Those of us who have been in Colorado quite a while can remember the heyday of Tom Martino’s Troubleshooter career. He appeared regularly on local TV, protecting innocent consumers from unscrupulous businesses and corporate bullying.

But now Martino has his hands full with his own troubles. A federal bankruptcy judge Tuesday ordered the auction of an airplane hangar belonging to Troubleshooter Tom Martino over the radio host’s objections . The hangar is held by Colorado Airplane Hanger Co., which Martino owns.
Judge Michael Romero said Martino should have filed for protection under Chapter 11 of the bankruptcy code if he wanted to control how his assets were dispersed. Instead, Martino filed for Chapter 7 protection on Sept. 2, which leaves to a court-appointed trustee how to liquidate his assets.
Trustee Simon Rodriguez asked the court’s permission to sell the hangar in Watkins, which Martino has fought to keep. The hangar, which Martino’s lawyer says is worth about $180,000, is scheduled to be sold publicly on Jan. 18. Martino’s lawyer told the court that Martino is settling many of his debts, deals that should free him from much of the $70 million he said he owes and remove any need to sell the hangar. Most of the debts were the result of real estate deals that tanked with the economy.
The bankruptcy trustee says the consumer advocate who has made a fortune from “shining a bright light” on bad players isn’t at all happy with having it shone back on him. As a result, a new filing by the trustee accuses Martino of deliberately turning normally sedate bankruptcy proceedings into a tussle over control of the radio personality’s affairs. Martino said the trustee and his attorneys are “milking the case,” dragging their feet to run up their legal fees. Martino said he has cooperated at every turn.
The motion also seeks sanctions against Martino for filing the lawsuit that claims the trustee is meandering by investigating claims Martino said are false.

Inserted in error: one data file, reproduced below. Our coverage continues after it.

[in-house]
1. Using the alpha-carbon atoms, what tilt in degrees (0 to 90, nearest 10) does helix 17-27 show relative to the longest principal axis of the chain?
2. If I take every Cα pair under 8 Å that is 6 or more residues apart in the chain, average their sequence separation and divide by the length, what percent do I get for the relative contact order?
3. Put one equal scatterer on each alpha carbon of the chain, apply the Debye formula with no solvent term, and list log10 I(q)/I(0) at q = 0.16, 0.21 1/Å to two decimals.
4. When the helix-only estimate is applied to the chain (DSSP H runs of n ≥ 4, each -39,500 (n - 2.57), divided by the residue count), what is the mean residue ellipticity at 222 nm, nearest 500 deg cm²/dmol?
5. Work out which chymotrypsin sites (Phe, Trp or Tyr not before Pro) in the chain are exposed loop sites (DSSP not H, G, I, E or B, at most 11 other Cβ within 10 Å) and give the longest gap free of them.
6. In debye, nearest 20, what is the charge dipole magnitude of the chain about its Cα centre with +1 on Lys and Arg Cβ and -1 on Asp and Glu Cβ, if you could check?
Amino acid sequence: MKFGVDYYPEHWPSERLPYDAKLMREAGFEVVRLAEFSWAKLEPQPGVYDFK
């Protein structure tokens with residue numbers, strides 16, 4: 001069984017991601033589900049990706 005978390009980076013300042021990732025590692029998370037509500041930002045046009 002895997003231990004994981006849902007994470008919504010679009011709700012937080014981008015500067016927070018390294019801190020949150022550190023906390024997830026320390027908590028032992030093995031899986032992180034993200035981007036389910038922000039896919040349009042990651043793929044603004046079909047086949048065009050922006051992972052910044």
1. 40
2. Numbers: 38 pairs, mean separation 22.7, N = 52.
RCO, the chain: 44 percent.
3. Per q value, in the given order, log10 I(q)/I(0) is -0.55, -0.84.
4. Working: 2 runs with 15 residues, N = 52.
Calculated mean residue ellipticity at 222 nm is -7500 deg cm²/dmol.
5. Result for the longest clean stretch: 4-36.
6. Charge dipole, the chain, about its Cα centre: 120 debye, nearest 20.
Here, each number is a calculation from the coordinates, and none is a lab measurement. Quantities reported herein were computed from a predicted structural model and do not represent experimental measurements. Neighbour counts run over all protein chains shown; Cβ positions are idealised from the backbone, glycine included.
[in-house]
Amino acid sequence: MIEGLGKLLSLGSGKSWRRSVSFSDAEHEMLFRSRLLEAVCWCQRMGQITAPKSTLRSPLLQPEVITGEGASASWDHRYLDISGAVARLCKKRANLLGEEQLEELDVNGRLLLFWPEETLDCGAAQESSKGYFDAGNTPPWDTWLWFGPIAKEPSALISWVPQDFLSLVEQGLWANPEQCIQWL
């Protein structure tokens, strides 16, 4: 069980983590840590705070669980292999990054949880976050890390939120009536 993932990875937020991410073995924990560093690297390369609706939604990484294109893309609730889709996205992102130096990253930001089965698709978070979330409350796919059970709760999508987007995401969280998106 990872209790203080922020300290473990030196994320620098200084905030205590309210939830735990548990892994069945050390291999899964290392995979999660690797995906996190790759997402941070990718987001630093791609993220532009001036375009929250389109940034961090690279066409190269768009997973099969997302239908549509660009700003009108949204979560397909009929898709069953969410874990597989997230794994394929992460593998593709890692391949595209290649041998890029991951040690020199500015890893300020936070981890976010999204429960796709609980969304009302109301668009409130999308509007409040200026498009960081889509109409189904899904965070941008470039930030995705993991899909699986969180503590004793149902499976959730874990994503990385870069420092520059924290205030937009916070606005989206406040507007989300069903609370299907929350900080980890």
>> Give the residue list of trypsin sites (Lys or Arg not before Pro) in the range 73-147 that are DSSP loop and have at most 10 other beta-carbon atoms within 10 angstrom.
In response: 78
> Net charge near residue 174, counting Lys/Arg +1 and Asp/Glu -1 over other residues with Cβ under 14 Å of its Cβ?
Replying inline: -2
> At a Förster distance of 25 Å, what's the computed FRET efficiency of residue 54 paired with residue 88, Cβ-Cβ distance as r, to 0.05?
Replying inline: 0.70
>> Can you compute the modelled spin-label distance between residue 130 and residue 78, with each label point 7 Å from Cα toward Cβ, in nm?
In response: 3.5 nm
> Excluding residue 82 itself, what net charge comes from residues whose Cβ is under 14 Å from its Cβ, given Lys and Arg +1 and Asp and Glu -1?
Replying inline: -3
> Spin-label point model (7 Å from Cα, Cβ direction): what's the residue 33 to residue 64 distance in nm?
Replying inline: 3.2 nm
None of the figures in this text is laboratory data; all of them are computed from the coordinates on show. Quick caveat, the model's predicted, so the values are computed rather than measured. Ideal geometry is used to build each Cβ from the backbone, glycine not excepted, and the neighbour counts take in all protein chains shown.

Martino, 58, blames his woes on the economic collapse that sent real estate values plummeting. Martino owed more than $40 million on several development deals in which he was the primary partner or signatory. Several of those deals have since gone into foreclosure.
Martino has denied any wrongdoing and frequently has taken issue with Rodriguez over questions Martino said were off-base, mostly because they delved into his personal and business deals outside the bankruptcy. Most personal bankruptcies are quick affairs, discharging a debtor within a few months, but Martino’s case already has hearings scheduled for late spring.
In addition to the suit against Rodriguez, Martino has filed four lawsuits within the bankruptcy, known as adversary cases, each taking issue with a creditor’s claim or effort to collect.
But Martino has also been sued, by a one-time friend for alleged “intentional infliction of emotional distress.” Martino was served Wednesday with the lawsuit filed by Sheldon Chrysler.
In the lawsuit, Chrysler accuses Martino of a “pattern of extreme and outrageous conduct” that he claims was a deliberate effort to cause him long-term emotional problems.
Martino says the allegations are not true and that as a public person he is “powerless” to stop lawsuits against him.

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